I’m not one of those bond bubble guys, mainly because I see eerie parallels between the Japanese experience and what the US is currently going through, but there is some crazy stuff going on in bond land. Late last week Microsoft (MSFT) sold 5 yr bonds at a yield of less than 1%, 0.993% to be exact. This set a record for the lowest yielding 5 yr corporate bond offering ever. The first thing I said to myself was ‘whoever is buying these bonds is nuts?’ Lets look at the details and see what simple alternatives an income investor has.

The details of the MSFT bond offering are, more here :

Microsoft  ( MSFT ), one of the last remaining U.S. companies with triple-A credit ratings, sold $2.25 billion of bonds, including $600 million of five-year bonds that yielded 0.993%. That marks the lowest-ever yield for a five-year corporate bond deal, according to  Standard & Poor’s Leveraged Commentary & Data , besting the 1.06% yield on a  Bristol-Myers Squibb  ( BMY ) five-year bond sale on July 30, when underlying Treasury-bond yields were at record-low levels.

OK, 5 year bonds at less than 1% per year. First, lets hope whoever is buying these things is a tax free investor like a pension fund. But still, with inflation running at about 2% year as a conservative estimate you’re starting out losing with a good chance to lose money right away. So, these investors must think yields will go down and inflation will go down. Possible but doesn’t seem like a high probability bet to me. Pretty crazy. And as an income investor there are a lot better opportunities out there.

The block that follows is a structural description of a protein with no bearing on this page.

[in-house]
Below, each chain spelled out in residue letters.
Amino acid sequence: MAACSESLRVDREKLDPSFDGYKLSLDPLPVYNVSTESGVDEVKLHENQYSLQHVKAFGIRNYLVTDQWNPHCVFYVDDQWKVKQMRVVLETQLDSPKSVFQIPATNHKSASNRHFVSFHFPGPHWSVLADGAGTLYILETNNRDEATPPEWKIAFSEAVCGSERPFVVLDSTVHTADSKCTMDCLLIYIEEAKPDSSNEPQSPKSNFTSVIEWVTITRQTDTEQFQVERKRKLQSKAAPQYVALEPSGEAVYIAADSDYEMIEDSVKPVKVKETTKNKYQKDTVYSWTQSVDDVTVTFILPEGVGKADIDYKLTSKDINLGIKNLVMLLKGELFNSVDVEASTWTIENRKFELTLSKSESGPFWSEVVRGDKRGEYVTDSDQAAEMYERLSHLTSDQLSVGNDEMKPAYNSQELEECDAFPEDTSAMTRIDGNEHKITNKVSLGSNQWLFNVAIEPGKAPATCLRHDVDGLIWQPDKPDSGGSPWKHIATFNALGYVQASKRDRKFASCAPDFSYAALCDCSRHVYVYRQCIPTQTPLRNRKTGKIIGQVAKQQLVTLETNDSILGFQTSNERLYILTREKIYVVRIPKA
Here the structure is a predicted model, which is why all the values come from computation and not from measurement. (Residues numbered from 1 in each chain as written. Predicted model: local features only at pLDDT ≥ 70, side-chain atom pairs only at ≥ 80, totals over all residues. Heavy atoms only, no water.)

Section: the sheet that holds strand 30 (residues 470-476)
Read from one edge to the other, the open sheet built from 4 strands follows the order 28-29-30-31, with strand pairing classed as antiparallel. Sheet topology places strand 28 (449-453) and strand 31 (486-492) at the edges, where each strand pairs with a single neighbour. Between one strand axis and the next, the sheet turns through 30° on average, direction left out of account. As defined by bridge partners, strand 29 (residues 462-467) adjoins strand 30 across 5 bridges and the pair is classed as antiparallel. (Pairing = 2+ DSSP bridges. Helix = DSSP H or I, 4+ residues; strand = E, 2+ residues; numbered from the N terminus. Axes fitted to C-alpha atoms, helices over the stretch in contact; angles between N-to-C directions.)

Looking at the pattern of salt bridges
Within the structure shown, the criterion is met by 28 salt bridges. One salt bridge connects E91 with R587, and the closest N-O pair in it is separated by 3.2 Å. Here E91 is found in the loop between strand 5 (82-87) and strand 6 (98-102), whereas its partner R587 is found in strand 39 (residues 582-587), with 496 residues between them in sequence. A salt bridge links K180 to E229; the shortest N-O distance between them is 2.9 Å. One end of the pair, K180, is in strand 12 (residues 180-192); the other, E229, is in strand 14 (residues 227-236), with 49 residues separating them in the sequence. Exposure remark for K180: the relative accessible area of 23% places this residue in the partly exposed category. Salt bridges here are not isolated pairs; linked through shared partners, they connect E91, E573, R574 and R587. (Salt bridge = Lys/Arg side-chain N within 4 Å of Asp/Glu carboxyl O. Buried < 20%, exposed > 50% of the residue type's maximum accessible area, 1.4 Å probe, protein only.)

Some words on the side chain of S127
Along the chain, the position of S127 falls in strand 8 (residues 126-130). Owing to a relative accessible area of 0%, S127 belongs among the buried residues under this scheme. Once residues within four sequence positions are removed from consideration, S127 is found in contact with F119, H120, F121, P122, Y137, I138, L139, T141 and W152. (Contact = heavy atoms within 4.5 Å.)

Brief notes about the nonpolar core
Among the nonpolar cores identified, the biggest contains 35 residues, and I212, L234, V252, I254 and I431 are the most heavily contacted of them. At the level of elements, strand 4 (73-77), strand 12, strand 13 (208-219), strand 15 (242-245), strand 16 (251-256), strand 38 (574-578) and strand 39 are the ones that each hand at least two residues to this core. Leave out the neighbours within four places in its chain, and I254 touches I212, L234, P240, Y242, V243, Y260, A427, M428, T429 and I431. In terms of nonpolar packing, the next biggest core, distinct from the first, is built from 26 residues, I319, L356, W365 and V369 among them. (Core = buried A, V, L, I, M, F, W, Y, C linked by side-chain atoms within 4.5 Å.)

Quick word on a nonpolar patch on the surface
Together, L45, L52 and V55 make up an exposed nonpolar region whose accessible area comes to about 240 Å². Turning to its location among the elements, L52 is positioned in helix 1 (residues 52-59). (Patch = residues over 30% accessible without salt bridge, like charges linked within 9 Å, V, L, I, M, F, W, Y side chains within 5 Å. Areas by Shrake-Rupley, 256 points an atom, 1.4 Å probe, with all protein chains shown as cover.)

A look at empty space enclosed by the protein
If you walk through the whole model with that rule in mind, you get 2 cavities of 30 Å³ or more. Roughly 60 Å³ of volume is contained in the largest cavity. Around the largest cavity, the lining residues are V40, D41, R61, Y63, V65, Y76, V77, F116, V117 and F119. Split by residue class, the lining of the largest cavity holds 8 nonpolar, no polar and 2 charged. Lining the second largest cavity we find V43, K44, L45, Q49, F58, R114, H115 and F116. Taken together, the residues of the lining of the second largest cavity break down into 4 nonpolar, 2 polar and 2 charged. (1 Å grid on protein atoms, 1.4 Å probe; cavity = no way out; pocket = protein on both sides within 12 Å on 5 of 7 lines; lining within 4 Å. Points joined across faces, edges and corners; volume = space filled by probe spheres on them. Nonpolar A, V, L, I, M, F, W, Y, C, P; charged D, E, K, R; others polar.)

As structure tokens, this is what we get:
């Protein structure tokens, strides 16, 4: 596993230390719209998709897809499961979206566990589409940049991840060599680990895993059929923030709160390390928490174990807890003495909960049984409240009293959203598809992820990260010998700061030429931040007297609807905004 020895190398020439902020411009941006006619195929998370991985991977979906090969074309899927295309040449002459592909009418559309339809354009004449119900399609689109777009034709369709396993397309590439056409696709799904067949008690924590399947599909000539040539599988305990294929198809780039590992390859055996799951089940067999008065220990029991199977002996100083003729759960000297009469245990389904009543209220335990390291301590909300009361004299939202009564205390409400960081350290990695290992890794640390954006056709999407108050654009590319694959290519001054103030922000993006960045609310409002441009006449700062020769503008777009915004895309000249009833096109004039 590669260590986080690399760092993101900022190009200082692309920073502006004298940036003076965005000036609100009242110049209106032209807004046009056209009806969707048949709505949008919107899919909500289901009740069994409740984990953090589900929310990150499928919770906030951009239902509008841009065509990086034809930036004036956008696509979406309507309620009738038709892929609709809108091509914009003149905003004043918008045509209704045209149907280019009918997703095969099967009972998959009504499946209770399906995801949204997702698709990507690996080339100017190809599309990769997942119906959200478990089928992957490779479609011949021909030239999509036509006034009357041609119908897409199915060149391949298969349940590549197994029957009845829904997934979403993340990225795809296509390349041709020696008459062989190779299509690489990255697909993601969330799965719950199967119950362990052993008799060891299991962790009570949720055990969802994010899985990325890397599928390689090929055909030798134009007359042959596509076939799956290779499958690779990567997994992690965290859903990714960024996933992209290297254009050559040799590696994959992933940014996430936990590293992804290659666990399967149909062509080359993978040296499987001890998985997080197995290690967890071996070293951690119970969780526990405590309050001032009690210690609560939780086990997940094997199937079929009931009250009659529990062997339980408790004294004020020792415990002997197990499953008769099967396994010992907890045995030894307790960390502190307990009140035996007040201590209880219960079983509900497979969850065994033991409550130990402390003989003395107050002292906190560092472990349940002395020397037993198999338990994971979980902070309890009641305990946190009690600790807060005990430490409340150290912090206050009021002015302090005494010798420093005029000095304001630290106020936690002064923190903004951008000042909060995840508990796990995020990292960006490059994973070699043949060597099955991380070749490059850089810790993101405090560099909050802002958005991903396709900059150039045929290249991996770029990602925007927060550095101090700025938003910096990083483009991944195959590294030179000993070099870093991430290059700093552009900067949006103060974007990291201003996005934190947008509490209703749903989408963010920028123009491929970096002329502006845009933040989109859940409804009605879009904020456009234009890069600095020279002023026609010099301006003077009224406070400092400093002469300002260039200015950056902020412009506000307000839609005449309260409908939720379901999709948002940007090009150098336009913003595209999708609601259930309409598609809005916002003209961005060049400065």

Lets say, like these bond investors, you love MSFT’s AAA balance sheet and would like to invest in it. You could always buy the stock, priced at about $30, with a 3% yield with prospects for at least 10% dividend growth going forward. This seems like a much better deal to me, 13% a year potential returns vs 1%. But lets say that’s way to much risk for you, you fear the stock going down a lot. OK. so what about selling some puts on MSFT stock to generate some income?

In general, I don’t think this is a great environment to sell puts on stocks with volatility so low. But here we are comparing with a specific bond offering. In MSFT options you can go all the way out to 2 years and sell some LEAPS (fancy name for long term options) at pretty decent prices. Here are the Jan 15 PUT LEAP quotes from this morning.


For example, you could sell Jan 15 $20 puts for $1.67. That’s a yield of over 8% over 2 years, or about 4% per year. That’s 4 times the yield on the MSFT bonds! The risk? The risk is that you would be forced to buy MSFT stock at $20. That’s about 33% lower than it is today and would represent historically low valuations. In my opinion, that’s a great risk/reward ration and a hell of a lot better than earning 1% a year on MSFT bonds. Or how about not doing anything and waiting for better values? If the opportunity cost is only 1% a year sitting on the sidelines is not such a bad idea.

In short, this record offering of MSFT 5 year bonds at a yield of less than 1% per year seems like at least one example of a very frothy corporate bond market.

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